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Poster: Jim F Date: Jun 9, 2010 11:50pm
Forum: GratefulDead Subject: Re: June 9 & 10 - Taper's Gauntlet reveals an Orgy of Sound

Great post, thank you for sharing, and most of all, thanks for taping!

I've been getting so wrapped up in the flood of great "TDIH" shows lately that I totally forgot about 6/9-10/73. Instead of pulling out the sbds like I usually would, I'm going with your auds. Aside from a slight lack of drums/cymbals in the high end, these sound absolutely fantastic for a first time endeavor in 1973. And...that GAUNTLET...how you pulled that off, I have no clue. You deserve some kind of award for that.

I never liked audience recordings much until recently. I always kindof saw them as a last resort, something to listen to if no board existed for the date, or to cover patches. I would say I was probably more tolerant of more modern audience tapes, the setups some people have been using these last 10 years especially are phenomenal. But for the older stuff, I usually passed on the aud's. Only in this last year have I gained a true appreciation for them, and have actually excitedly sought them out to listen to over the boards. I think it was gaining an appreciation for a GOOD matrix that really opened the door to my new appreciation, or love even, of audience recordings. It surprises me how less rowdy a lot of crowds seemed in the 70's compared to now. Nowdays you can have a stand 12 feet up and still hear the roar of chatter during a good Stella Blue or Morning Dew. Maybe the dope back then just made people shut up and listen more lol.

Anyway, 2 questions, if you don't mind-

It seems you abandoned your gear that you used for the RFK shows after a month or two and upgraded to the Nak. Any reason? Just that excited about taping that you just had to upgrade? I imagine that stuff wasn't cheap back then.

Secondly, it continues to amaze me how the earliest tapers not only got their gear in (I've heard many stories of how that was pulled off and that doesn't surprise me as much, despite the relatively large size of the state of the art gear at the time-not including batteries and blanks-considering somewhat more relaxed security and such), but in an era where you didn't want to get spotted with a mic stand (how ya'll got THOSE in really amazes me, I mean, a 10 FOOT POLE?), how did so many tapers get away with holding a big pole in the air? Would you just lower it when security happened to pass by? Did venue/staff just overlook it?

Anyway, thanks for all the backstory on those legendary concerts. It amazes me that so many people would leave after the ABB and not stay for the Dead. I never knew that about the crowd at that show, nor did I know that so many had left before the Dead/ABB jam set. It sounds like you didn't tape the Allman's either day, but I'm amazed that you had enough cassettes with you to capture the Dead as complete as you did. I imagine over the 2 days you used quite a lot of tapes, which I've heard weren't all that cheap back then either.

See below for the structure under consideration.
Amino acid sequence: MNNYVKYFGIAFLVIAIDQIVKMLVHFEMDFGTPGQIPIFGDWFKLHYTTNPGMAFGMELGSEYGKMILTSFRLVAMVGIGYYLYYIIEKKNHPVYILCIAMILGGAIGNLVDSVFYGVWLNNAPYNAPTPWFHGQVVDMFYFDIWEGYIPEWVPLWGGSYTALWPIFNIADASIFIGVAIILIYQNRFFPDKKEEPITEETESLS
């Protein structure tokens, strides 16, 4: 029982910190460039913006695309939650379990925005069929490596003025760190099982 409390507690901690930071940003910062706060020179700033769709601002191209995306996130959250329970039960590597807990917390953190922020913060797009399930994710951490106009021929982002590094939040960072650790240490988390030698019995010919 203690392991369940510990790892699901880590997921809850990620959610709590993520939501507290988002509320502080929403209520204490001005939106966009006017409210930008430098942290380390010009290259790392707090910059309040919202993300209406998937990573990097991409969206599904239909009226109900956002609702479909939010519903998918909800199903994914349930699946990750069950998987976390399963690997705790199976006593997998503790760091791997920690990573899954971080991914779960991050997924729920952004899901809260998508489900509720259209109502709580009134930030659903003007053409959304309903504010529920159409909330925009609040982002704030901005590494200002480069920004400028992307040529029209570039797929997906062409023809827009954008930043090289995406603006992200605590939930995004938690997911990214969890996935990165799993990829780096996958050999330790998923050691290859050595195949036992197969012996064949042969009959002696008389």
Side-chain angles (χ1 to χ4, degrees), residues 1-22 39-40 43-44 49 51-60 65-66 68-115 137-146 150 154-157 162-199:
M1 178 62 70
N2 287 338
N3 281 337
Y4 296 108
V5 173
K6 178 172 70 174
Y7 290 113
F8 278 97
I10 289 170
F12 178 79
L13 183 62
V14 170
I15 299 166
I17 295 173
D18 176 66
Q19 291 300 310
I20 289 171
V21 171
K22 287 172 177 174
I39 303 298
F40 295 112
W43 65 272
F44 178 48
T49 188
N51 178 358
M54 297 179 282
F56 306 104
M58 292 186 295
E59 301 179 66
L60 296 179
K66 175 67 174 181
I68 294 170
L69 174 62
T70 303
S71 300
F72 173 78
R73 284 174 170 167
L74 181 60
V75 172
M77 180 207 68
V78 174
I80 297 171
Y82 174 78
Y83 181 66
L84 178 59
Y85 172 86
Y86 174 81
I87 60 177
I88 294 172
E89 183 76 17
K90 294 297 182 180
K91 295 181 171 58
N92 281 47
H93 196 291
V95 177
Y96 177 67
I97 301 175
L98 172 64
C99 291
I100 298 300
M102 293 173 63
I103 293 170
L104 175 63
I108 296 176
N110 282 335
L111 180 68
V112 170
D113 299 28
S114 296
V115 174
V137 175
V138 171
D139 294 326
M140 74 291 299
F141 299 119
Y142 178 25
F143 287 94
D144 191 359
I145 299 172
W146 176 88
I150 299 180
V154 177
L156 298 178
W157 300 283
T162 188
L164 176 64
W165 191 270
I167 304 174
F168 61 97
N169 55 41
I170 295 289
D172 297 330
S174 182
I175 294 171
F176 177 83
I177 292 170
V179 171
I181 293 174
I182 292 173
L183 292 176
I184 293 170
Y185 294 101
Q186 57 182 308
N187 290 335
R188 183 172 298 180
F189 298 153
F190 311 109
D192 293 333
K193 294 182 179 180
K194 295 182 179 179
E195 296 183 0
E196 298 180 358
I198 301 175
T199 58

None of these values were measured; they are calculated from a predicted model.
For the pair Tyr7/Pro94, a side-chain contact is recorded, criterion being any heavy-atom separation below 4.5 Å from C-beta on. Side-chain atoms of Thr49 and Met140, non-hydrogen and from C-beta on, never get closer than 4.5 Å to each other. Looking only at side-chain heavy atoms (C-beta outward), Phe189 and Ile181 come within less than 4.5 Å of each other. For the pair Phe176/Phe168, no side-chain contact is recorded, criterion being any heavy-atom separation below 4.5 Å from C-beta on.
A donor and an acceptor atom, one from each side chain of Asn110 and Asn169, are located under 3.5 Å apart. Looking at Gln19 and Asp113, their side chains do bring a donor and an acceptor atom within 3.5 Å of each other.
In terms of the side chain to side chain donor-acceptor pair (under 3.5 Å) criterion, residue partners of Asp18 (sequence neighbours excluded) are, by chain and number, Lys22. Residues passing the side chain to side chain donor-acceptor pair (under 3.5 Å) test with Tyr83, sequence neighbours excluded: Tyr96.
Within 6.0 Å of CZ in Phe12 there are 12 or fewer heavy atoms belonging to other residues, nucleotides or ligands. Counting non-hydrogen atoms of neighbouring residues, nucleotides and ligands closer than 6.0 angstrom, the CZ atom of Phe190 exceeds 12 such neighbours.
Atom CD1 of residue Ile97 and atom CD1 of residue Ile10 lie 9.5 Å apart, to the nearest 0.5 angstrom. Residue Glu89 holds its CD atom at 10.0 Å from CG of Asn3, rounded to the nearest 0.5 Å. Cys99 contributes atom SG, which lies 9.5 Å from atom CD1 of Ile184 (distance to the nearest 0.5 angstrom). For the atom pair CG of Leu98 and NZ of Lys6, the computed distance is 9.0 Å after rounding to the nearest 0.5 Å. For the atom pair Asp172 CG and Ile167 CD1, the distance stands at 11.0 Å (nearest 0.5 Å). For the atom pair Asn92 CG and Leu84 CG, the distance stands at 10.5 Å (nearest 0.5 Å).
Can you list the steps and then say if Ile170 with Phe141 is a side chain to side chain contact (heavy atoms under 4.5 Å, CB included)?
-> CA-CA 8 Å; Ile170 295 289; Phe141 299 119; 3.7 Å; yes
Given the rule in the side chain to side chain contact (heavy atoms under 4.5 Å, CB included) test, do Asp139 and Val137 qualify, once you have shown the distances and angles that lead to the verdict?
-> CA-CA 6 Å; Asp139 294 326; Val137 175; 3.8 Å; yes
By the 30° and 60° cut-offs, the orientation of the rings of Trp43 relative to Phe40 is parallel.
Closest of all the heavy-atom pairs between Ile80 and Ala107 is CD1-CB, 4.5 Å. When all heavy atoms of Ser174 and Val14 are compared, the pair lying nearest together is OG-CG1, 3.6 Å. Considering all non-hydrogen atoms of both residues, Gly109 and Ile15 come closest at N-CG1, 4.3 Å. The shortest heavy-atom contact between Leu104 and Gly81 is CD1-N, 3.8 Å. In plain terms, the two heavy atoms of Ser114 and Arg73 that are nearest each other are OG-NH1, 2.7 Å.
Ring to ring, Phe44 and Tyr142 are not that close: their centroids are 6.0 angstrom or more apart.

You're a champ for all you did, Monte. Nothing but thanks and respect from me!

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Poster: dead-head_Monte Date: Jun 10, 2010 9:27am
Forum: GratefulDead Subject: Re: June 9 & 10 - Taper's Gauntlet reveals an Orgy of Sound

I purchased my Nakamichi 550 portable stereo cassette recorder in June, 1973. It was state-of-the-art, being the first portable stereo cassette recorder in the world to feature Dobly NR and Chromium Tape bias/EQ circuitry. This was a huge development. Tapers like myself were also making copies of other tapes. The Nak was a heavy device to haul around for taping shows. This deck weighed 11.25 pounds without batteries. It required 8 D-cell batteries to operate in the field. I believe I had the first Nakamichi 550 deck on the East Coast in 1973. I bought it from a very high-end audio dealer in NJ, named Roger Iselle. At his insistence, I had to pay him $500 cash up-front. I waited one month for my new deck to arrive. It was brand new when I taped GD at Roosevelt Stadium, July 31 and Aug 1.

The 10-foot pole "mic stand" at Roosevelt Stadium was a one-time wonder. Scaffolding rubble was piled up next to the entrance gate on July 31. I simply picked up the pole and walked inside with it. I was very surprised that no one stopped me. However, the Hell's Angels and GD security had noticed my mic on this pole. Jerry Moore was there taping that night. He didn't get busted.

Regarding the crowds exiting RFK Stadium early on June 10, it was clear to everyone there that: a) Some people were there just for the Allmans. Many of them left after ABB played first on Sunday. b) Some people were there just for the Dead. Duane Allman had died 20 months earlier, and some of us were less interested. c) Some people left early on Sunday because they had a long commute. Many people needed to get back for work on Monday. I don't think anyone in the crowd was from Wash DC. Everyone commuted there from up and down the east coast.

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